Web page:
Donate

Some Reasons for Cutting Aid to the Palestinian Authority

Jan. 10 2018

The White House has recently raised the possibility of cutting funding for UNRWA, the UN agency responsible for caring for Palestinian refugees and their descendants; it has also threatened to cut direct aid to the Palestinian Authority (PA) for its incitement to violence and violations of the Oslo Accords. To Jonathan Tobin, this is a reasonable approach:

Aid to the PA is seen as necessary to prop up the only available interlocutor for peace with Israel. We’re also told that funding the PA is a necessary part of its security cooperation with Israel.

There are elements of truth to these assertions. If the PA were to collapse, that would likely lead to Israel’s having to reassert direct control of the West Bank rather than the current situation in which the majority of Palestinians are governed by the corrupt Fatah party led by Mahmoud Abbas. But the PA’s need for cash to prop up its kleptocracy is exactly why the U.S. should be using its financial leverage to make clear to Abbas that a quarter-century of his organization’s holding the U.S. hostage in this manner can’t continue. Abbas’s threats of dissolving the PA are bluffs that should have been called long ago.

The same is true of security cooperation [between the PA and Israel]. Abbas relies on Israel to ensure his survival against the plots of his Islamist rivals as much, if not more, than the Israelis rely on the PA to help keep terror under control in the West Bank. . . .

American governments have tolerated [the status quo] because they felt there was no alternative. But . . . you don’t have to be a supporter of President Trump or of Prime Minister Benjamin Netanyahu’s government to understand that [the U.S.] is right to demand that if the Palestinians want U.S. money they must, at the very least, come back to the negotiating table and cease funding and fomenting terror.

Read more at Jewish News Service

More about: Donald Trump, Mahmoud Abbas, Palestinian Authority, UNRWA

 

Putting Aside the Pious Lies about the Israel-Palestinian Conflict

Jan. 23 2018

In light of recent developments, including Mahmoud Abbas’s unusually frank speech to the Palestinian Liberation Organization’s leadership, Moshe Arens advocates jettisoning some frequently mouthed but clearly false assumptions about Israel’s situation, beginning with the idea that the U.S. should act as a neutral party in negotiations between Jerusalem and Ramallah. (Free registration may be required.)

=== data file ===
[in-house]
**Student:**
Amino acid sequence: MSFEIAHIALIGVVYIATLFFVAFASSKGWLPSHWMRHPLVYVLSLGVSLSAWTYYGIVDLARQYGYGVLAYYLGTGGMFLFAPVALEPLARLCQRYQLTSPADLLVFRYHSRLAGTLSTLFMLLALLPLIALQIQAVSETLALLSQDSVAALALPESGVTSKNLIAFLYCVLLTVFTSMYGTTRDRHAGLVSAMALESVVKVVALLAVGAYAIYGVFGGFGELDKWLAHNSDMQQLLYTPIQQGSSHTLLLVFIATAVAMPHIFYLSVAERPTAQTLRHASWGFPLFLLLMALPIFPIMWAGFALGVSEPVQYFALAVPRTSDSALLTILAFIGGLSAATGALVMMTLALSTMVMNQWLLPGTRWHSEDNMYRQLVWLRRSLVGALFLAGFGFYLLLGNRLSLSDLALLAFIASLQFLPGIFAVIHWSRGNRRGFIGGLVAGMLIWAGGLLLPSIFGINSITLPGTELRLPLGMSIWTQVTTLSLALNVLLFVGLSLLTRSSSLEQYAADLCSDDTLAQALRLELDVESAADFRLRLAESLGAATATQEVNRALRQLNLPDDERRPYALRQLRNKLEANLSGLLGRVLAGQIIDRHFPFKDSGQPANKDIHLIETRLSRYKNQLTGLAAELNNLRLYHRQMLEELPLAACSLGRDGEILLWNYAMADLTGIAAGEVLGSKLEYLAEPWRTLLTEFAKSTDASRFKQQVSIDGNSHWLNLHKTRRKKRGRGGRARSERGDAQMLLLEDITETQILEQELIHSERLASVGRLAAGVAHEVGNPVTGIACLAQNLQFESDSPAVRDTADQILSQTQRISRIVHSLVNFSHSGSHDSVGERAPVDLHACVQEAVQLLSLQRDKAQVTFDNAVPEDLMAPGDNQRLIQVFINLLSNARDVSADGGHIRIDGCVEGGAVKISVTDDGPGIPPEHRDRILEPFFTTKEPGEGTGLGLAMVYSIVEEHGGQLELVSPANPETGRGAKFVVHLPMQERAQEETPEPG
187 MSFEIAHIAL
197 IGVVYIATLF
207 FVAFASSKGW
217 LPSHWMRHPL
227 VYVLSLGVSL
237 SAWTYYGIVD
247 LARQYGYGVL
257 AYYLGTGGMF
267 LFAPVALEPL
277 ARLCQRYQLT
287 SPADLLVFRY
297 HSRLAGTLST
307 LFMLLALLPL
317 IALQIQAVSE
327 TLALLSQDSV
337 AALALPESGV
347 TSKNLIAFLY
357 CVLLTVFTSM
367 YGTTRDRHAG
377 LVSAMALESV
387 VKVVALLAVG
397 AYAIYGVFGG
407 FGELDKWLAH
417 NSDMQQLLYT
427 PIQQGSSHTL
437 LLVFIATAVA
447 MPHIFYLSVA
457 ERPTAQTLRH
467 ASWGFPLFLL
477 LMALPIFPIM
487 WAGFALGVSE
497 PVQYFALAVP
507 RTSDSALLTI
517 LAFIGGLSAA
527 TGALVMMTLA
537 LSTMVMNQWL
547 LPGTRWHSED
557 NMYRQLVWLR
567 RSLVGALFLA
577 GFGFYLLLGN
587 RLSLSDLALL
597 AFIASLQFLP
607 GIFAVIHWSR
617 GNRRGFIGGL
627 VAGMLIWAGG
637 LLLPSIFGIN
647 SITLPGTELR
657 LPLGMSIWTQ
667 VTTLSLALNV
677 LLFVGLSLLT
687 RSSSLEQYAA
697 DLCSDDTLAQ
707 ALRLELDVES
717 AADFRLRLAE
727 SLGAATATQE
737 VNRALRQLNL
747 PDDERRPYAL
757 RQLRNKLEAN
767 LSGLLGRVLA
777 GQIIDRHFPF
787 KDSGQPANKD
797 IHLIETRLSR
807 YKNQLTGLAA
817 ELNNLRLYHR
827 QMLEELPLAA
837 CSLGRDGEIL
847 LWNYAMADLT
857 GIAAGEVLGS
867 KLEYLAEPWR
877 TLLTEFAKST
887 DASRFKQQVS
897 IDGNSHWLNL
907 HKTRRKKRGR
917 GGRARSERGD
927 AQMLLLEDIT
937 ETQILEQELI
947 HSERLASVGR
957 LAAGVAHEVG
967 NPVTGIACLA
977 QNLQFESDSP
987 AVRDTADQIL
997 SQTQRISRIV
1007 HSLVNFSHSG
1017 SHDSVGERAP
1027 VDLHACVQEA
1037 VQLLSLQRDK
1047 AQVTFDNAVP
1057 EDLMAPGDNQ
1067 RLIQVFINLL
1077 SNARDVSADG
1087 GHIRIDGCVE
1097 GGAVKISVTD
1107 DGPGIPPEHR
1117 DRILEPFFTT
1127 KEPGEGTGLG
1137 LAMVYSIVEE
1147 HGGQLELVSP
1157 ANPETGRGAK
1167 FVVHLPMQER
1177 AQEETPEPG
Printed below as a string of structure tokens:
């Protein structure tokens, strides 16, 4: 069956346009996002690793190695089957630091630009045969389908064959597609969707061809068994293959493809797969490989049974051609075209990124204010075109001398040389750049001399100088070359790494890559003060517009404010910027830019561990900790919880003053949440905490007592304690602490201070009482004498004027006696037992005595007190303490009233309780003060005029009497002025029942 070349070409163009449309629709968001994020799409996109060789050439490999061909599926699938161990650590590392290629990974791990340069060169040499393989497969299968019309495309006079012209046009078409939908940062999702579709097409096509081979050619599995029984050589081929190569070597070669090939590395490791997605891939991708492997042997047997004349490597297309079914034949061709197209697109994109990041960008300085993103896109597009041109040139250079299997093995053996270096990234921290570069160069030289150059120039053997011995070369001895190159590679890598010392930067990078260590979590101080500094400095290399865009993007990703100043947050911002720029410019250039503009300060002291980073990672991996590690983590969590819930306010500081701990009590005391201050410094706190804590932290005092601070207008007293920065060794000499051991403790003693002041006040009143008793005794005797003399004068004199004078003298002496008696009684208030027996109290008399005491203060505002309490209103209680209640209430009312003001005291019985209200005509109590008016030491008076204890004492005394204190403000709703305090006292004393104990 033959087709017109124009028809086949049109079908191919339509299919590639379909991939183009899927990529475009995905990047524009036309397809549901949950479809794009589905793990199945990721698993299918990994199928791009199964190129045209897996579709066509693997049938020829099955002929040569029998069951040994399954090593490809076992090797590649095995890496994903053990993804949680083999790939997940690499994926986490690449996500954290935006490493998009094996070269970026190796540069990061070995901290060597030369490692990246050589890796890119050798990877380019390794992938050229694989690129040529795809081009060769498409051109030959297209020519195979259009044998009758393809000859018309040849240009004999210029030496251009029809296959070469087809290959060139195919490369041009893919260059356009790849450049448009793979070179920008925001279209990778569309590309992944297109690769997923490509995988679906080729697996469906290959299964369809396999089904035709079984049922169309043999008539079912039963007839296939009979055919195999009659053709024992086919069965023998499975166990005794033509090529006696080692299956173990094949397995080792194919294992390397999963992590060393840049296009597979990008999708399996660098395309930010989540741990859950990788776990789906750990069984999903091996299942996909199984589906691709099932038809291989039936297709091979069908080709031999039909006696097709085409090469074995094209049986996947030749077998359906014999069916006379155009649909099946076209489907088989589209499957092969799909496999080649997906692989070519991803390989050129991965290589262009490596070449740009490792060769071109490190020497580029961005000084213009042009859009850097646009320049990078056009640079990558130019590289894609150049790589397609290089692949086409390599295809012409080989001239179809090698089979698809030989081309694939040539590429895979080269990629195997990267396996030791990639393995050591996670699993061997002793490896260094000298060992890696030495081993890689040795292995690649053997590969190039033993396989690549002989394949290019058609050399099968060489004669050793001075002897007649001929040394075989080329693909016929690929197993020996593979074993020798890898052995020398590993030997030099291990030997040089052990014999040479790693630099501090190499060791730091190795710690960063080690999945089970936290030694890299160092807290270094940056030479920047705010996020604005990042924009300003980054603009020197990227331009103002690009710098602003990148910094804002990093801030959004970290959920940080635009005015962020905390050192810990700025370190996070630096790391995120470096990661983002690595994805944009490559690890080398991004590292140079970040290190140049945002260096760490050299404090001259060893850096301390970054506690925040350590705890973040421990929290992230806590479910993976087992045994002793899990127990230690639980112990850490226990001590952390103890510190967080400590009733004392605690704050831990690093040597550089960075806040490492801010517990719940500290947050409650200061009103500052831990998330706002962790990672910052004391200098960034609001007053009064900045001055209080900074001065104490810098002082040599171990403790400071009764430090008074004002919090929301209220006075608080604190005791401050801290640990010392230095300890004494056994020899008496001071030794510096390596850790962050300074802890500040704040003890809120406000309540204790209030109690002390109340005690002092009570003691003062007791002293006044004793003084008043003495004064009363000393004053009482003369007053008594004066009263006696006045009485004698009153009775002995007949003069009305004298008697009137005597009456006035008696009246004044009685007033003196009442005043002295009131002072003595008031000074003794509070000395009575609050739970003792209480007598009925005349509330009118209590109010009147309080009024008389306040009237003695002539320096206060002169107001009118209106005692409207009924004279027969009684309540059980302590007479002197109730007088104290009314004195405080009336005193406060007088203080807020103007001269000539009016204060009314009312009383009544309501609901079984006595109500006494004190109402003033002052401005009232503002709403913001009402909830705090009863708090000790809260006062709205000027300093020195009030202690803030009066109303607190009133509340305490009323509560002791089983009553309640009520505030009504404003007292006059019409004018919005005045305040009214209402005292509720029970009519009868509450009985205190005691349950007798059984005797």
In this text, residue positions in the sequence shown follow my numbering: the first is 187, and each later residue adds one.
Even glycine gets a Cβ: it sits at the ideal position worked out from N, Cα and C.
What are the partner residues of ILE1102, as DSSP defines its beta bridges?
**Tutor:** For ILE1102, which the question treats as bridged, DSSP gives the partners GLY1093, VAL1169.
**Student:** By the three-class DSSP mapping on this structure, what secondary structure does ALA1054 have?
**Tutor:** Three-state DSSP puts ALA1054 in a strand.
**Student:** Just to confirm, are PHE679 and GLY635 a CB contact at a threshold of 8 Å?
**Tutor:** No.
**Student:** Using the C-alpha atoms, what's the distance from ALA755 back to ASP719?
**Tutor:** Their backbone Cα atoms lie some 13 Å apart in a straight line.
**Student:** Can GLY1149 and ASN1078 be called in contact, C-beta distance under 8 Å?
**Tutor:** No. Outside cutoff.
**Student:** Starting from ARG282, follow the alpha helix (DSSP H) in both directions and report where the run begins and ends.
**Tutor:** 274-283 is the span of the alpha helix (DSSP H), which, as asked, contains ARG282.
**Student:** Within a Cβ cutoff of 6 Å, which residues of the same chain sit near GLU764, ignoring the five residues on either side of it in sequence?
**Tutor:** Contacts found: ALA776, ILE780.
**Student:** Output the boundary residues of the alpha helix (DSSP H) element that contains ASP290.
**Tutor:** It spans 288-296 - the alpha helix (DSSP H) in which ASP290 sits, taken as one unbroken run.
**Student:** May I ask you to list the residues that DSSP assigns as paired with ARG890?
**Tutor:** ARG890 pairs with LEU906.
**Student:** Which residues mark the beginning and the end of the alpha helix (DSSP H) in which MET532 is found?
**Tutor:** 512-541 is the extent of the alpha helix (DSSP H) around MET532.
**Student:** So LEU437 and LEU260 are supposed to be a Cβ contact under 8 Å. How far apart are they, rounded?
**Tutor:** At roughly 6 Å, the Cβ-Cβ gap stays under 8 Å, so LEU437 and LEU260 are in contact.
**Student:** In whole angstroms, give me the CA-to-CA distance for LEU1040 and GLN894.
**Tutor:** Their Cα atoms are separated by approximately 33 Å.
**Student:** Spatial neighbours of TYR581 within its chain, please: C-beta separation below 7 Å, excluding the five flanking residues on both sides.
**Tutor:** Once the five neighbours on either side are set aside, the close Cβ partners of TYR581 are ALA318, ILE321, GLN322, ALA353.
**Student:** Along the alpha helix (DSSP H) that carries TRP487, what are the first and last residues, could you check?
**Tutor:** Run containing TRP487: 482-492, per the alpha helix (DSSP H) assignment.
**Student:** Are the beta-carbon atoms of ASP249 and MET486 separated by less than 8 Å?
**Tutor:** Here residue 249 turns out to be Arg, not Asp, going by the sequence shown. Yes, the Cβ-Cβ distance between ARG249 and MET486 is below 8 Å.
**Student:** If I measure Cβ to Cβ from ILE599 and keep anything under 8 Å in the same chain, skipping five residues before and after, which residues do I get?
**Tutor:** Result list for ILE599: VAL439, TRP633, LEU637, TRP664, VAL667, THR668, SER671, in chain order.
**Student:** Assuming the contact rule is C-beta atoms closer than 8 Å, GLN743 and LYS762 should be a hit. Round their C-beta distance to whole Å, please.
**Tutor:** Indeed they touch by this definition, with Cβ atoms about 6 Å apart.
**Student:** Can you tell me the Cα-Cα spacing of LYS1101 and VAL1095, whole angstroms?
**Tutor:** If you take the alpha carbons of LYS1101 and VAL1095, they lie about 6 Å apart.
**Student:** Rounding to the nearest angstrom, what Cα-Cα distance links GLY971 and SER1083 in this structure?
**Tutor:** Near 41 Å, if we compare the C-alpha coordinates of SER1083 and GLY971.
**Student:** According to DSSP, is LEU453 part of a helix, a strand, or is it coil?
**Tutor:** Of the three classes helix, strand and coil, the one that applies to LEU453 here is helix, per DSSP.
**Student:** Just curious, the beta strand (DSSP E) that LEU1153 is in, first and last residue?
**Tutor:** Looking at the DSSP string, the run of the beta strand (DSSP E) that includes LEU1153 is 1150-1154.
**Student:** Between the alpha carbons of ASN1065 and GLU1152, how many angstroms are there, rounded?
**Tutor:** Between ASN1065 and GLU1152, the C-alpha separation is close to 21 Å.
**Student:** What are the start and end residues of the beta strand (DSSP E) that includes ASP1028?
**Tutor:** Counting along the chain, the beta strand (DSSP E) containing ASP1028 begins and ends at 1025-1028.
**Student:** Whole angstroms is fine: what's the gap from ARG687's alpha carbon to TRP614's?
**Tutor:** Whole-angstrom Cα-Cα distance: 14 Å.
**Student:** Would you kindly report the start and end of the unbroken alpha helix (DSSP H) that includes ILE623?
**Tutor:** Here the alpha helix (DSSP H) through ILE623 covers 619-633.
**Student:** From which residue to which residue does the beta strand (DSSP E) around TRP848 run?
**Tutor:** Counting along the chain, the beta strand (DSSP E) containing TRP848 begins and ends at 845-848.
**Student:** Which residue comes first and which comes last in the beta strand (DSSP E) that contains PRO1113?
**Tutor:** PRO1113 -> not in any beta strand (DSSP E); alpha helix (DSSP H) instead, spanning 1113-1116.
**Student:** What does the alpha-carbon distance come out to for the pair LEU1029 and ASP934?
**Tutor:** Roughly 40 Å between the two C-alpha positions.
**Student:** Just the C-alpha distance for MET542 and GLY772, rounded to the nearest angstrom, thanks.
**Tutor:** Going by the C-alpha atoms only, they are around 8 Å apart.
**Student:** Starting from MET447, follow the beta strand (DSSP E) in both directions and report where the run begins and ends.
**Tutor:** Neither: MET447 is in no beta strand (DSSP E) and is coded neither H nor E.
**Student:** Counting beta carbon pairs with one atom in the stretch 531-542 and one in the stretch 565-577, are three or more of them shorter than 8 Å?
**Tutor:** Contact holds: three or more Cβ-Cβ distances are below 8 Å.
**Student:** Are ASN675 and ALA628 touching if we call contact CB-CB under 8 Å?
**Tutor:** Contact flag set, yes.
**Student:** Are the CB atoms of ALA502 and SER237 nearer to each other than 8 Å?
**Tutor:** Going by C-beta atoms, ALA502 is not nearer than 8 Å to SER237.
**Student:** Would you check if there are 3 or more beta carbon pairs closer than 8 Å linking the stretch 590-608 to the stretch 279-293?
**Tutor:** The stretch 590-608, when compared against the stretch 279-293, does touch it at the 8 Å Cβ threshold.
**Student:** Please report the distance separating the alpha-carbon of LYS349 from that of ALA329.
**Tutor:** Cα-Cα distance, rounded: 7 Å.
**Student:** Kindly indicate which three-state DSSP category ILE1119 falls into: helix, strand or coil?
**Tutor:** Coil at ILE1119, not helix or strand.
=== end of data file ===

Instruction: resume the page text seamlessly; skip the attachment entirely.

The United States cannot be, and has never been, neutral in mediating the Israel-Palestinian conflict. It is the leader of the world’s democratic community of nations and cannot assume a neutral position between democratic Israel and the Palestinians, whether represented by an autocratic leadership that glorifies acts of terror or by Islamic fundamentalists who carry out acts of terror. . . .

In recent years the tectonic shifts in the Arab world, the lower price of oil, and the decreased importance attached to the Palestinian issue in much of the region, have essentially removed the main incentive the United States had in past years to stay involved in the conflict. . . .

Despite the conventional wisdom that the core issues—such as Jerusalem or the fate of Israeli settlements beyond the 1949 armistice lines—are the major stumbling blocks to an agreement, the issue for which there seems to be no solution in sight at the moment is making sure that any Israeli military withdrawal will not result in rockets being launched against Israel’s population centers from areas that are turned over to the Palestinians. . . .

Does that mean that Israel is left with a choice between a state with a Palestinian majority or an apartheid state, as claimed by Israel’s left? This imaginary dilemma is based on a deterministic theory of history, which disregards all other possible alternatives in the years to come, and on questionable demographic predictions. What the left is really saying is this: better rockets on Tel Aviv than a continuation of Israeli military control over Judea and Samaria. There is little support in Israel for that view.

Read more at Haaretz

More about: Israel & Zionism, Israeli-Palestinian Conflict, Mahmoud Abbas, Peace Process, US-Israel relations